SLO County officials compromise, agree on new construction fees to foster affordable housing

Mar 13, 2019

As part of a plan to increase affordable housing, this week San Luis Obispo County officials took some first steps: passing higher development fees on some new homes and streamlining the environmental permitting process in an effort to get homes built faster. Not everyone was happy about it, but did agree the county needs more housing stock. 

The county board agreed Tuesday to make changes to the 2008 Inclusionary Housing Ordinance, a local law mandating developers set aside a percentage of units for low income residents. If not, they must pay into an affordable housing fund, used to to fund low-income building projects elsewhere in the county.

“If I’m going to support [changing the inclusionary housing ordinance] today, which kind of goes against my grain...I want some assurance that in three years we agree it’s going to go away,” said Supervisor Lynn Compton. 

When the board passed a major affordable housing plan in December, Compton was absent due to a family matter. But with the plan back on the agenda, she shared her reservations about proposed fee increases, which now target new single-family homes larger than 2200 square feet. Compton wanted a sunset clause in the ordinance to end the changes in three years, should the new fees adequately support the affordable housing fund, rather the board simply revisit the issue in three years, as it’s currently written.

“It’s like toll road—it never goes away once it’s there...and I don’t want it hung around my neck that I voted for it,” Compton said. “[But] I will today.”

Compton did vote for the changes, along with the rest of the board. The word of the day was compromise. Supervisor Adam Hill summed up the general goal of the affordable housing plan and the changes made this week.

“We have a massive affordability problem here and this county has not been part of resolving it,” Hill said.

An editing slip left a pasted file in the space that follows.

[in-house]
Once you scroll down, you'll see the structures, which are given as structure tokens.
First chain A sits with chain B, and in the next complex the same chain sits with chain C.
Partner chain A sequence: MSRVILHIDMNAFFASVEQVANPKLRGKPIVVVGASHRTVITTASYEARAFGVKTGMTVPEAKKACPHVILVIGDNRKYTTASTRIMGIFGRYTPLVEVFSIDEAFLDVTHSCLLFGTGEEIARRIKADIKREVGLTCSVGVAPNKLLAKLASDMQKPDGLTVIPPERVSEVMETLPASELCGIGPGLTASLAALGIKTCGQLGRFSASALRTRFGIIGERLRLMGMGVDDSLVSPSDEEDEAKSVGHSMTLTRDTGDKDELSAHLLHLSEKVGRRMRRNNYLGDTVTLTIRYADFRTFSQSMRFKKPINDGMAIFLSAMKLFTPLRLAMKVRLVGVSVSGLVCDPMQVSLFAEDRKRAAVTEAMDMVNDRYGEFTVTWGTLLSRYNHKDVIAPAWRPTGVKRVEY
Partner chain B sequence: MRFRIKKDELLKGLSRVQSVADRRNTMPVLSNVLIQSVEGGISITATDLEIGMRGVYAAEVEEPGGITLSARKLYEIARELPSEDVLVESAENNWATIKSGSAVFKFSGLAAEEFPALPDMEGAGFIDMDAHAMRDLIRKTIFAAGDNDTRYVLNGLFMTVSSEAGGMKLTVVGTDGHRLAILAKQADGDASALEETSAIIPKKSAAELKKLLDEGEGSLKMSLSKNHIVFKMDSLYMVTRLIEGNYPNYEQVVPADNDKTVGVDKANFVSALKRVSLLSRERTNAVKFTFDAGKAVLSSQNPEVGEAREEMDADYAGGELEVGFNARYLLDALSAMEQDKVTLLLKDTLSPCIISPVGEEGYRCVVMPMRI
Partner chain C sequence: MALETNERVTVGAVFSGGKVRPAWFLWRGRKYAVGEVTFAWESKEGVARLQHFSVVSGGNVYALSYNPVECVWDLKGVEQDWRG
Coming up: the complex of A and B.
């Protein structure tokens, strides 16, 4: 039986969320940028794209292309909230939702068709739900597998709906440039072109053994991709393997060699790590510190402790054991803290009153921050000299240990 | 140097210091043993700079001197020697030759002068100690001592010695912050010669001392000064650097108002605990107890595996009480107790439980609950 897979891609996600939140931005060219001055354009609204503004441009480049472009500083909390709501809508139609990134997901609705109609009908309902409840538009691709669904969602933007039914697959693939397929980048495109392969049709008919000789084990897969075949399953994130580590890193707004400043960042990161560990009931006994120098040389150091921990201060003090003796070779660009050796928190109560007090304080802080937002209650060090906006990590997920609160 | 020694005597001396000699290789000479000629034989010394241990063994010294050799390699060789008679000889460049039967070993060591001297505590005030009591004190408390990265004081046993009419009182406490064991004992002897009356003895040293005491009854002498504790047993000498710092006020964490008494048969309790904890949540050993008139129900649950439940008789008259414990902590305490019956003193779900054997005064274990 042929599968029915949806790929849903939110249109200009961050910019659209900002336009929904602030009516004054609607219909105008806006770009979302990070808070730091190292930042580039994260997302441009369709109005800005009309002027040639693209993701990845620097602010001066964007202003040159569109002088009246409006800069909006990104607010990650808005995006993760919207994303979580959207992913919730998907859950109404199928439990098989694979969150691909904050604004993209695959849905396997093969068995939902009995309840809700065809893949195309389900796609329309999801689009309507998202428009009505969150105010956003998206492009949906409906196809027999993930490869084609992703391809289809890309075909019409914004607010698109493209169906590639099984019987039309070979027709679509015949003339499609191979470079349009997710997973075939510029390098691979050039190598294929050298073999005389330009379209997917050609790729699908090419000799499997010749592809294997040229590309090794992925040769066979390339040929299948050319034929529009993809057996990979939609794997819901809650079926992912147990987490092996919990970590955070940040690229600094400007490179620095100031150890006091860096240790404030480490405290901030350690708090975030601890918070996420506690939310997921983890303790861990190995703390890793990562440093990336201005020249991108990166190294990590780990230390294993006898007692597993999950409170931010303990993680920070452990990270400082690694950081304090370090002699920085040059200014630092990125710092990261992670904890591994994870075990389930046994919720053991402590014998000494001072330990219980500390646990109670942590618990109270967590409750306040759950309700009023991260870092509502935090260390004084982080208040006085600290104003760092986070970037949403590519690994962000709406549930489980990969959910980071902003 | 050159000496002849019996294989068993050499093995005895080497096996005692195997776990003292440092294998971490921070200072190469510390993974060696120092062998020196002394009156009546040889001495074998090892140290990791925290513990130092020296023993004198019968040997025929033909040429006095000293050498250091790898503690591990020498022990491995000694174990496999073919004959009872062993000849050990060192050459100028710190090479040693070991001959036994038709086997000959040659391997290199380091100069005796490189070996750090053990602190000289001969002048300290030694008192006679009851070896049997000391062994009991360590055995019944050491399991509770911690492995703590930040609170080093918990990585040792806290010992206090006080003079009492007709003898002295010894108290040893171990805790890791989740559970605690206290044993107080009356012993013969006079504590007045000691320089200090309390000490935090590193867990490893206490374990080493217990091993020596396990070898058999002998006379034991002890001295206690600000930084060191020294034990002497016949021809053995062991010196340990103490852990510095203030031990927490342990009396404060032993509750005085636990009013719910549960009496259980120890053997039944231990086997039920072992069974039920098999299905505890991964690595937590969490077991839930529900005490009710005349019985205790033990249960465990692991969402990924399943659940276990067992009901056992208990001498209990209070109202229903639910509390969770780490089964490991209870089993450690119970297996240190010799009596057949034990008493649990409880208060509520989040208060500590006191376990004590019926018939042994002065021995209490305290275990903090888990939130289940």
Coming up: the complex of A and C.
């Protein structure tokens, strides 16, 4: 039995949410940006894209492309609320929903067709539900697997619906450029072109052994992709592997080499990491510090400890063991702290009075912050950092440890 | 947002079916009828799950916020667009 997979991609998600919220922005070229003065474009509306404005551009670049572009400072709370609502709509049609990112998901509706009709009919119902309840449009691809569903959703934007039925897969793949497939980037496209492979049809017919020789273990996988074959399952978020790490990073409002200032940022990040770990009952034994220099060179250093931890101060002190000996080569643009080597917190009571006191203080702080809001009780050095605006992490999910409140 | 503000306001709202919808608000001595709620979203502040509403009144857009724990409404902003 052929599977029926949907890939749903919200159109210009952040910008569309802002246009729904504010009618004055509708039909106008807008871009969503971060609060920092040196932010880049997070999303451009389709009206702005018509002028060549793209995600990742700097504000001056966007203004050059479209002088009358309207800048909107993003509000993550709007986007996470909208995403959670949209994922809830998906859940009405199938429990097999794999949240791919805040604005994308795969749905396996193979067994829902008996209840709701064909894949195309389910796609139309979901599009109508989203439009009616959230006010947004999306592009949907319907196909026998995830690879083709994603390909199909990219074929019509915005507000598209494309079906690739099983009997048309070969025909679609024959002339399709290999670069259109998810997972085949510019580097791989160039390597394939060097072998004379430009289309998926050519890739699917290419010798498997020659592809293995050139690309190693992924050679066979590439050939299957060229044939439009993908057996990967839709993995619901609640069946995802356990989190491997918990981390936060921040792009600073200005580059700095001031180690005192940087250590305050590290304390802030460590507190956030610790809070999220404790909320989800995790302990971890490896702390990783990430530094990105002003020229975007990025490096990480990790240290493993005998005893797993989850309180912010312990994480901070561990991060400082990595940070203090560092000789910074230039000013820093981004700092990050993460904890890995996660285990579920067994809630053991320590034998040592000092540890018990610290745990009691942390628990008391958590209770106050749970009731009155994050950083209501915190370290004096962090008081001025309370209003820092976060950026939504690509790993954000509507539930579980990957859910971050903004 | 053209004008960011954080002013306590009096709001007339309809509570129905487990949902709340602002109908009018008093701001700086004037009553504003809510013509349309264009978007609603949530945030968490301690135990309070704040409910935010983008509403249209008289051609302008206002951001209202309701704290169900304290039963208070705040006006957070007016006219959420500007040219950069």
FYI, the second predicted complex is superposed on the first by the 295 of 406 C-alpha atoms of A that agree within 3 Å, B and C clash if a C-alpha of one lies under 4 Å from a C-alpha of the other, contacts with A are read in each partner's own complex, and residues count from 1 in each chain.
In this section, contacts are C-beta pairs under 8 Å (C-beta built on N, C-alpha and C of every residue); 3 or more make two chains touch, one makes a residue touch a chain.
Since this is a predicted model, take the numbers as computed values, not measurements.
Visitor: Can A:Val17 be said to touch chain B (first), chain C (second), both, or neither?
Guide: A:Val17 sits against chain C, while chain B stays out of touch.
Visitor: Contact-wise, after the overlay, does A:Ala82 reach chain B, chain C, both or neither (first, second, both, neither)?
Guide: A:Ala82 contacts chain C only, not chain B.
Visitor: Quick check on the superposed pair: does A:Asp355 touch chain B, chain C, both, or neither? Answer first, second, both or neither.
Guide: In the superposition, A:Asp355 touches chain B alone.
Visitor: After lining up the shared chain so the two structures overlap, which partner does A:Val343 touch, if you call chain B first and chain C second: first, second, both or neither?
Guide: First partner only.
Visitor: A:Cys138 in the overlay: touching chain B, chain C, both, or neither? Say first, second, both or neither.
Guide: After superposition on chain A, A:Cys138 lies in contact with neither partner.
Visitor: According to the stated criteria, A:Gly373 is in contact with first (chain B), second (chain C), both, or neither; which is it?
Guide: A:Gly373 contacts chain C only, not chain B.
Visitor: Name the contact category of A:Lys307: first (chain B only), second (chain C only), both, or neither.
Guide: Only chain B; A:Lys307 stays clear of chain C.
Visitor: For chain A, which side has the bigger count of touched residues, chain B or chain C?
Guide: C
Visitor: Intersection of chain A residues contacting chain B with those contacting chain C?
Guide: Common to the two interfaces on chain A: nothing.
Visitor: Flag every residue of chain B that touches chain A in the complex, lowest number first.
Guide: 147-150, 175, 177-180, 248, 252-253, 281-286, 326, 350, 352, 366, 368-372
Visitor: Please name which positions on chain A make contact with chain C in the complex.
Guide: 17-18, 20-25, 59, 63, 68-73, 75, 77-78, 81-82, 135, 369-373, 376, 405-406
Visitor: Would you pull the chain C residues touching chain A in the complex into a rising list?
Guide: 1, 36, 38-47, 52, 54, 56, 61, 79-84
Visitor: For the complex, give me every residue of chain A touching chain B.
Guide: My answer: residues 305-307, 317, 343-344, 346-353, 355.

Other changes included updates to local guidelines to the California Environmental Quality Act, also called CEQA.

Under CEQA, counties have to consider the local environment before approving new developments. Staff say the changes will increase communication between county departments and builders, finding potential environmental issues before they get tied up in legal battles, which can often halt construction.

Central Coast environmental advocates have expressed concerns the new streamlined process could limit public input on projects.

Others, like Sophie Treder, representing a local landscaping firm, said the board could do even more to simplify the process.

“I think if you’re willing to take a deeper dive into the CEQA guidelines, I guarantee there is a connection between affordable housing and CEQA,” Treder told the board. “You might find yourselves all pulling in the same direction on this.”

Tuesday was the first real action in the affordable housing deal. There remains a fair bit of uncertainty it will work. But the supervisors, including John Peschong, said ultimately, it's worth giving it a shot.

“We’ll make it it work, and if it doesn't work, you have my word that we are going to revisit it,” Peschong said. “The problem has been, in this county, we’re not building houses.”

Up next for the plan: county staff were directed to look for more monetary sources to support the affordable housing fund, which could include new taxes to put before voters in the next election. The board will hear staff recommendations for new funding ideas this summer. In addition, the San Luis Obispo County supervisors will hear the results of a county-commissioned study on vacation rentals, and their associated fees, with the possibility those fees could be increased or augmented.